Sunday, July 30, 2006

Lowlife 13

Glen Thrasher and his roommate Ellen McGrail put out Lowlife from Atlanta during the '80s and also played in an art-noise band called Medicine Suite. Thrasher later became an indie rock footnote - he was in the first band with and accompanied Chan Marshall from Atlanta to New York City where she gained fame and fortune and a degree of madness as Cat Power. Thrasher at last check is back in Atlanta working at a bookstore - here's his blog.

Lowlife was a thick (106 pages!) compendium of often undecipherable mail-art, underground fiction, painful comix from tortured artists, fanzine-type band interviews, reviews and so forth. Lowlife 13 also covered Thrasher and WREK (local college-type radio station) yearly music festival Destroy All Music. Thrasher would publish nearly anything including the controversial Brett Kerby's racism as art and the Psyco boys are the subject of a farcical tour diary written by me which I don't have the balls to reprint since it unblinkingly documented and lived (for the weekend) in the often misunderstood but raw racist parody that was P-drama in those days. I also opened for them, playing two songs on my old beat up guitar and announcing myself as "Billy Carter" (we were in Georgia after all). I had the time of my life down there, though, the festival was awesome - Bruce Hampton, Tinnitus, Kathy Lynch and the artist Huckaby were all there. I don't think Jarboe was there but she had played previous festivals.

I once got Brett to explain the racist stuff to me which he did and I still don't understand it - but he was trying to make a point about the art world which he found as exclusionary or perhaps even more exclusionary than white supremacists... whatever, Brett was a gay man and so I doubt he would ever find anything but an assbeating from the Nazis he liked to write about. I think he just had fun outraging people. Thrasher would simultaneously condemn them and reprint his letters (although I think he drew the line at adverts if I remember).

At any rate, here were some other highlights or lowlights from Lowlife 13.

Cover photo and Baby skull photos by Ivan H. Sladek. I can't find out much more about him but here's a link to some recently published work in Force Mental 16. Here's his Baby Skull photo from Lowlife 13:

There are several interviews here, one with bassist Tim Lane Seaton (who now plays in Milk), one with the absurd (and evasive) Caroliner Rainbow and a rather boring interview with Rowland Howard and Epic Soundtracks (These Immortal Souls reprinted here). But I found the Kathleen Lynch interview the most interesting. She pal'ed around with the Butthole Surfers in the mid-80s and perform topless with them. Ms. Lynch's current band project is Beme Seed. Glen also interviews his roommate Ellen who was a performance artist who took off her clothes twice a day (as art). I just do it once a day to get into bed and it's not art.

Saturday, April 08, 2006

Swellsville, A Critical Guide for Consumer Deviants, Winter 1988

30 pages, xeroxed and binded by stable at spine.

So, there arose among the 'zines, the "think piece" zine. Not so much fanzines, although the writers were certainly fans of music but they were also fans of their own record collections, their incisive thoughts and so forth. Many of them should have been writing for the major rock publications but those guys were covering politics, fashion, trends, AIDS - anything but music and writing about music (outside of lionizing ageing rock stars or rewriting ad copy from major labels).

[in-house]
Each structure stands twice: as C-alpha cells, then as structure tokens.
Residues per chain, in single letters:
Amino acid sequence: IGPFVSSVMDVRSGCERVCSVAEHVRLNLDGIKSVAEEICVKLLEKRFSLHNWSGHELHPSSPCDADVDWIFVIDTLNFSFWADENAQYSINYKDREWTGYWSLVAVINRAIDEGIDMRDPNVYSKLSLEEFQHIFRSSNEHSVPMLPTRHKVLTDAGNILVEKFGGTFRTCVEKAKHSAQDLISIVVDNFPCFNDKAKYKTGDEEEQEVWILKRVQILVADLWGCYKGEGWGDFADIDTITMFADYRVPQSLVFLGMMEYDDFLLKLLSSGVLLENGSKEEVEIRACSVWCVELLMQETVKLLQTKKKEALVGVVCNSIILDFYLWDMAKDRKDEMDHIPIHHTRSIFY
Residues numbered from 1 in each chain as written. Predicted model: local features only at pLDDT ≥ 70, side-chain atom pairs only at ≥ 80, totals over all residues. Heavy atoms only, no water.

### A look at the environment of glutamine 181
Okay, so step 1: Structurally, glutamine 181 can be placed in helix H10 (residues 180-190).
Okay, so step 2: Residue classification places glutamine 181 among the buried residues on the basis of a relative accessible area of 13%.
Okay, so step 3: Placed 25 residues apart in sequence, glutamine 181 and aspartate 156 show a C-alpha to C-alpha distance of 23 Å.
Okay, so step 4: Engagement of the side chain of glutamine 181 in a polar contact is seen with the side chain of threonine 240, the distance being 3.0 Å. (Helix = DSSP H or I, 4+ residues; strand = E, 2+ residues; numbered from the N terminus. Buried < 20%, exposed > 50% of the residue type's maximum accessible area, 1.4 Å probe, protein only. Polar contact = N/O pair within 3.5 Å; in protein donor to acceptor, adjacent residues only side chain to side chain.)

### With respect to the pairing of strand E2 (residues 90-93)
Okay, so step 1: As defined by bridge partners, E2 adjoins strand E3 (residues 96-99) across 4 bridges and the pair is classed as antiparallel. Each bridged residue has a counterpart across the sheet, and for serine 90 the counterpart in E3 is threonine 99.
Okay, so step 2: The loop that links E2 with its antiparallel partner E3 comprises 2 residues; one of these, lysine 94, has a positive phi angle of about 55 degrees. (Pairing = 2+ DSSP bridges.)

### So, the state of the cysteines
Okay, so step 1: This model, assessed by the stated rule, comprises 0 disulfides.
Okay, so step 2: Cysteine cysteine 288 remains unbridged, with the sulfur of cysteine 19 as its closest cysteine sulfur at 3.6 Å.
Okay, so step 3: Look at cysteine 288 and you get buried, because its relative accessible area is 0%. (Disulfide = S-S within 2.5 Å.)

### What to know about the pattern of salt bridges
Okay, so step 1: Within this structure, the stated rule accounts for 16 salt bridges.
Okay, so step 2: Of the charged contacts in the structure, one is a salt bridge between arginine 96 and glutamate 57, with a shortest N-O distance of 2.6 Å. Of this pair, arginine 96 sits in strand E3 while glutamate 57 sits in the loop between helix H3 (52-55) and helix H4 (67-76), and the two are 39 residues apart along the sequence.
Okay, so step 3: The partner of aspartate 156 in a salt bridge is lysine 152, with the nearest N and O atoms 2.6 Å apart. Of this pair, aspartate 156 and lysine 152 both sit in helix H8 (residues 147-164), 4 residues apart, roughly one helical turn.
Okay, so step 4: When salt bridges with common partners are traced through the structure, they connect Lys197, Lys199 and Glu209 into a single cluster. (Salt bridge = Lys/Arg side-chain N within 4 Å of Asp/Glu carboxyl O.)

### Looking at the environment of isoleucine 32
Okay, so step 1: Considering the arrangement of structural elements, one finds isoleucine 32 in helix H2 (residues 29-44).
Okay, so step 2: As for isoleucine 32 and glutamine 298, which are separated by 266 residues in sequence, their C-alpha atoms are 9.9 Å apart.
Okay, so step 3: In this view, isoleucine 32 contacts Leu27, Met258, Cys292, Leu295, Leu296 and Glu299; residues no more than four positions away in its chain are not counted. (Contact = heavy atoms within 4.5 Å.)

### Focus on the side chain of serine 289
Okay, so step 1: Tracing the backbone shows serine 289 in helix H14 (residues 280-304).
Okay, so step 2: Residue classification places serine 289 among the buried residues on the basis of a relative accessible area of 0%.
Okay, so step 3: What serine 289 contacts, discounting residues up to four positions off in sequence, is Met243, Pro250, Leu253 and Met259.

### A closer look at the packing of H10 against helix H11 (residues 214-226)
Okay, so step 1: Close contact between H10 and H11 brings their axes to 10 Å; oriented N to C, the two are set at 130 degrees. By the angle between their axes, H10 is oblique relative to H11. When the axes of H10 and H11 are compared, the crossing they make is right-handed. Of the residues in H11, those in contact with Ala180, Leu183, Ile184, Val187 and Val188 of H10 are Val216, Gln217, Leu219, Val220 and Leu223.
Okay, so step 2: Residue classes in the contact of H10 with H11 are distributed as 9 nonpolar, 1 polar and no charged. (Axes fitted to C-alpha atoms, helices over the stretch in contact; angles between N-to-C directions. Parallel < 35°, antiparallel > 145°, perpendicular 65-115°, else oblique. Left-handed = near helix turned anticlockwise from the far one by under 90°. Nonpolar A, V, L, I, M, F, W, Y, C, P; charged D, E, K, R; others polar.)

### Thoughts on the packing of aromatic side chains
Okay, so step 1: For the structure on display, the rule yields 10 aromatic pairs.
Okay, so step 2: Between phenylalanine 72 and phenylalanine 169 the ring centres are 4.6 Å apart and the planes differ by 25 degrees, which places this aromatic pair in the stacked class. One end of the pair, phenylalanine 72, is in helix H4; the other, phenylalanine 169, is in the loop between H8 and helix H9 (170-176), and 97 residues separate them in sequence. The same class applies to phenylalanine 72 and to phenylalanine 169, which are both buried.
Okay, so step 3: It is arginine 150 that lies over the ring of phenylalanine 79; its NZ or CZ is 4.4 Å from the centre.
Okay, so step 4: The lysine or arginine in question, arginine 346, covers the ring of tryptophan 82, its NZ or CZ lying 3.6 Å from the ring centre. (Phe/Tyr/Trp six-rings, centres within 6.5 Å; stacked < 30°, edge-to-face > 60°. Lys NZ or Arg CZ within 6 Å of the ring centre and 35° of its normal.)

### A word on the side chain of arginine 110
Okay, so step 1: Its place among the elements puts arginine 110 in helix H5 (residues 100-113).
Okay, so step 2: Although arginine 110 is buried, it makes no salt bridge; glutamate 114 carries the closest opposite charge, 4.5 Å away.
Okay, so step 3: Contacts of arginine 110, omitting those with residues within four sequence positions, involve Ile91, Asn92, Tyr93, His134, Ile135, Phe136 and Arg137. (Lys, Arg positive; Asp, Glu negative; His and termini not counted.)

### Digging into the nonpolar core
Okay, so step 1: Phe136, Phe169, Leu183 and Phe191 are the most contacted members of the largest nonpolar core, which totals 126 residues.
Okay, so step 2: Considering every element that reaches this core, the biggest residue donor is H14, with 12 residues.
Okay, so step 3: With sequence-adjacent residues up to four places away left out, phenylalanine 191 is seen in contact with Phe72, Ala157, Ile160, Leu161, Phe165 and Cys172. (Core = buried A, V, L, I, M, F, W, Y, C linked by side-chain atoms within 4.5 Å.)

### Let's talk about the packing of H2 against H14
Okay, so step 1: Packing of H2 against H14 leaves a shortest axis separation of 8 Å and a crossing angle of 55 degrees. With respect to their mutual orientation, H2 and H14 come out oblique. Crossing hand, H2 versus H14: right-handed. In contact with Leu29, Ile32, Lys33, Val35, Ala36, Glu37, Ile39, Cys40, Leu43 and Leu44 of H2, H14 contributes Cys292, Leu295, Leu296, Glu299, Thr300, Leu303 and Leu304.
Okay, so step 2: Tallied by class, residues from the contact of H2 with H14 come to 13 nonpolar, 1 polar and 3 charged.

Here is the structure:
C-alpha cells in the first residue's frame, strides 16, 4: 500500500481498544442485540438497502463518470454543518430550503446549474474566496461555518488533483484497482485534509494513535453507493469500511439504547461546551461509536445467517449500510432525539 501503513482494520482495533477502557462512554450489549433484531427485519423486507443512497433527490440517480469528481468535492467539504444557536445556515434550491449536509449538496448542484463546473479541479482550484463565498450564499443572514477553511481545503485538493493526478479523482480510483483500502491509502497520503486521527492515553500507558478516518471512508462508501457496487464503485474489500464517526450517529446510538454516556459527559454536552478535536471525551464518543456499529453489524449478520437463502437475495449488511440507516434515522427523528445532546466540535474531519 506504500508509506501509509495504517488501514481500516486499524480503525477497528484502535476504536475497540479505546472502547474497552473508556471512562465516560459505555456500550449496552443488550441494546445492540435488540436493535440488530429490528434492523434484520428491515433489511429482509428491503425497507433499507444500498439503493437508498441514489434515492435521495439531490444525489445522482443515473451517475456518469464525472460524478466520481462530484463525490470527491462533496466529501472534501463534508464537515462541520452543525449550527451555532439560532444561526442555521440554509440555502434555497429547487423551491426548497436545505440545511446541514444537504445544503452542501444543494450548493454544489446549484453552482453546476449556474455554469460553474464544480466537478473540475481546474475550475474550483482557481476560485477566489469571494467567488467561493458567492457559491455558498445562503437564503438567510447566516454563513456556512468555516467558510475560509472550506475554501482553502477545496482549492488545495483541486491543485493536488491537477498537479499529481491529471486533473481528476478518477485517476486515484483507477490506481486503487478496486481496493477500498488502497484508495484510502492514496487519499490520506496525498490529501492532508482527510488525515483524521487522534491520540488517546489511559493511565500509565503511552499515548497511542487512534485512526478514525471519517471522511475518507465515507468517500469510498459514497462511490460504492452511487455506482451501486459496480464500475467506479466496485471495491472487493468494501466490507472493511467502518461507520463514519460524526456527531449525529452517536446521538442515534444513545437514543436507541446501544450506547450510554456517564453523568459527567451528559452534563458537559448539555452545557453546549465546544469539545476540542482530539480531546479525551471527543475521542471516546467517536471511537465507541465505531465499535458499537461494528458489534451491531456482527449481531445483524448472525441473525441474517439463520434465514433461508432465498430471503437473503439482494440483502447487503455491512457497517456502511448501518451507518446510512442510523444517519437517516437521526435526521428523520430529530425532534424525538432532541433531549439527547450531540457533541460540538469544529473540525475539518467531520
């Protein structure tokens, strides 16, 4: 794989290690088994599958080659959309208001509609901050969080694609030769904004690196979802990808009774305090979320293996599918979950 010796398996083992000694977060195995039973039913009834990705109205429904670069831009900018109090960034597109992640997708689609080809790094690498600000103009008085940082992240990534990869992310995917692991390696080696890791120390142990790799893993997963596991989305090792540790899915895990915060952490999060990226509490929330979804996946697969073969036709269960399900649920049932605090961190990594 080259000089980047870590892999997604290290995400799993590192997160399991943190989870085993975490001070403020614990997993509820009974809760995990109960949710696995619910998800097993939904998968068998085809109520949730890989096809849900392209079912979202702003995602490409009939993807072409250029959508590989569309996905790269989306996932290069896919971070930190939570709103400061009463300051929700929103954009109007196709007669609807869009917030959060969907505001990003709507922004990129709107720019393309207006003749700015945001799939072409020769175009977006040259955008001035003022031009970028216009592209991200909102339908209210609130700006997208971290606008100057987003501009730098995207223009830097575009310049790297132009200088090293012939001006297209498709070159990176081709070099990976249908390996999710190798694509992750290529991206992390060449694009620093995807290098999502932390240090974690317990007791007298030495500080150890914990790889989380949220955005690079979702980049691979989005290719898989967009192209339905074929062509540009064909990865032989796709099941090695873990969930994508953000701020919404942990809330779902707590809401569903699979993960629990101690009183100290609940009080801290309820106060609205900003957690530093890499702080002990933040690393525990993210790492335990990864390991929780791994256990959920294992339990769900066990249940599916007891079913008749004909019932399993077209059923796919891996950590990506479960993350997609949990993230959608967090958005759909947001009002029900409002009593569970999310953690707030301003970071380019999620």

Jack Thompson was a Seattle-based writer who thought and thought some more and eventually started publishing Swellsville to capture all his thoughts. The think piece writers mostly wrote about their relationship to music, the ever-continuing debate of UK vs. American rock/disco/pop and, of course, their record collections. Fred Mills was perhaps the worst purveyor of that latter trait and he's in here somewhere writing about Sickidz, The Imperial Pompadours, etc.

Some of it is very good and almost all of it is very heartfelt. These weren't guys publishing zines to be the coolest non-conformist on the block. They were writers writing for nothing because they loved to write and see their words on paper.

Some of it was very funny (see Jack Thompson's review of a GG Allin album way below) and some of it was unintentionally funny - one guy tries to "save" Greg Sage and the Wipers from their association with "Pigfuck" music arguing instead that he is the voice of alienation and the "voice of hopelessness" and "if there's no room in the pigfuck inn for this sentimentality there's no room for Greg Sage."

Lots of fawning over long-gone and obscure 60's popsters (Heinz) and folkies (Ian and Sylvia) that I have as much chance of hearing today as I did back then (OK, maybe that's wrong as I'm sure there is some MP3 blog somewhere rehashing this and I could probably find it somewhere on the index or P2P black market). Jack's wife (Alle Thompson) reviews black rap music horribly and Jack's love of Camper Van Beethoveen is still incomprehensible. The round table on Jagger's Primitive Cool album is a waste of space.

Most of the best work is turned in by publisher Jack Thompson and Richie Unterberger.

Yep despite all my bad-mouthin', there's a lot to like about this, even now that most of the bands they write about are long gone. Richie Unterberger's piece on "The Politics of Office Music" is still real in most places (maybe I'll reprint it at a later date?) and Dave Beltane on the best drug-influenced artists is also worth reading and re-reading.

So, as I don't have time to scan everything in, I've reprinted Jack's seminal piece "Fear and Loathing in the 80's" or "The Butthole Surfers vs. The People."

As usual, click on the images and then you may have to click on them again to see it in full resolution or print it out for reading. There's no much visually of interest in Swellsville (besides the cover, I guess) as Thompson squashes as much text into the three columns as possible. A hell of alot of words for only $1.00 (about $1.75 adjusted for inflation).

Jack Thompson masters the joke as a record review here... funniest GG review ever.

Buy it? Well, I don't know what happened to Jack Thompson but Slippytown has back issues of Swellsville for sale.

Saturday, March 18, 2006

Colsoy Youth #1, January 1988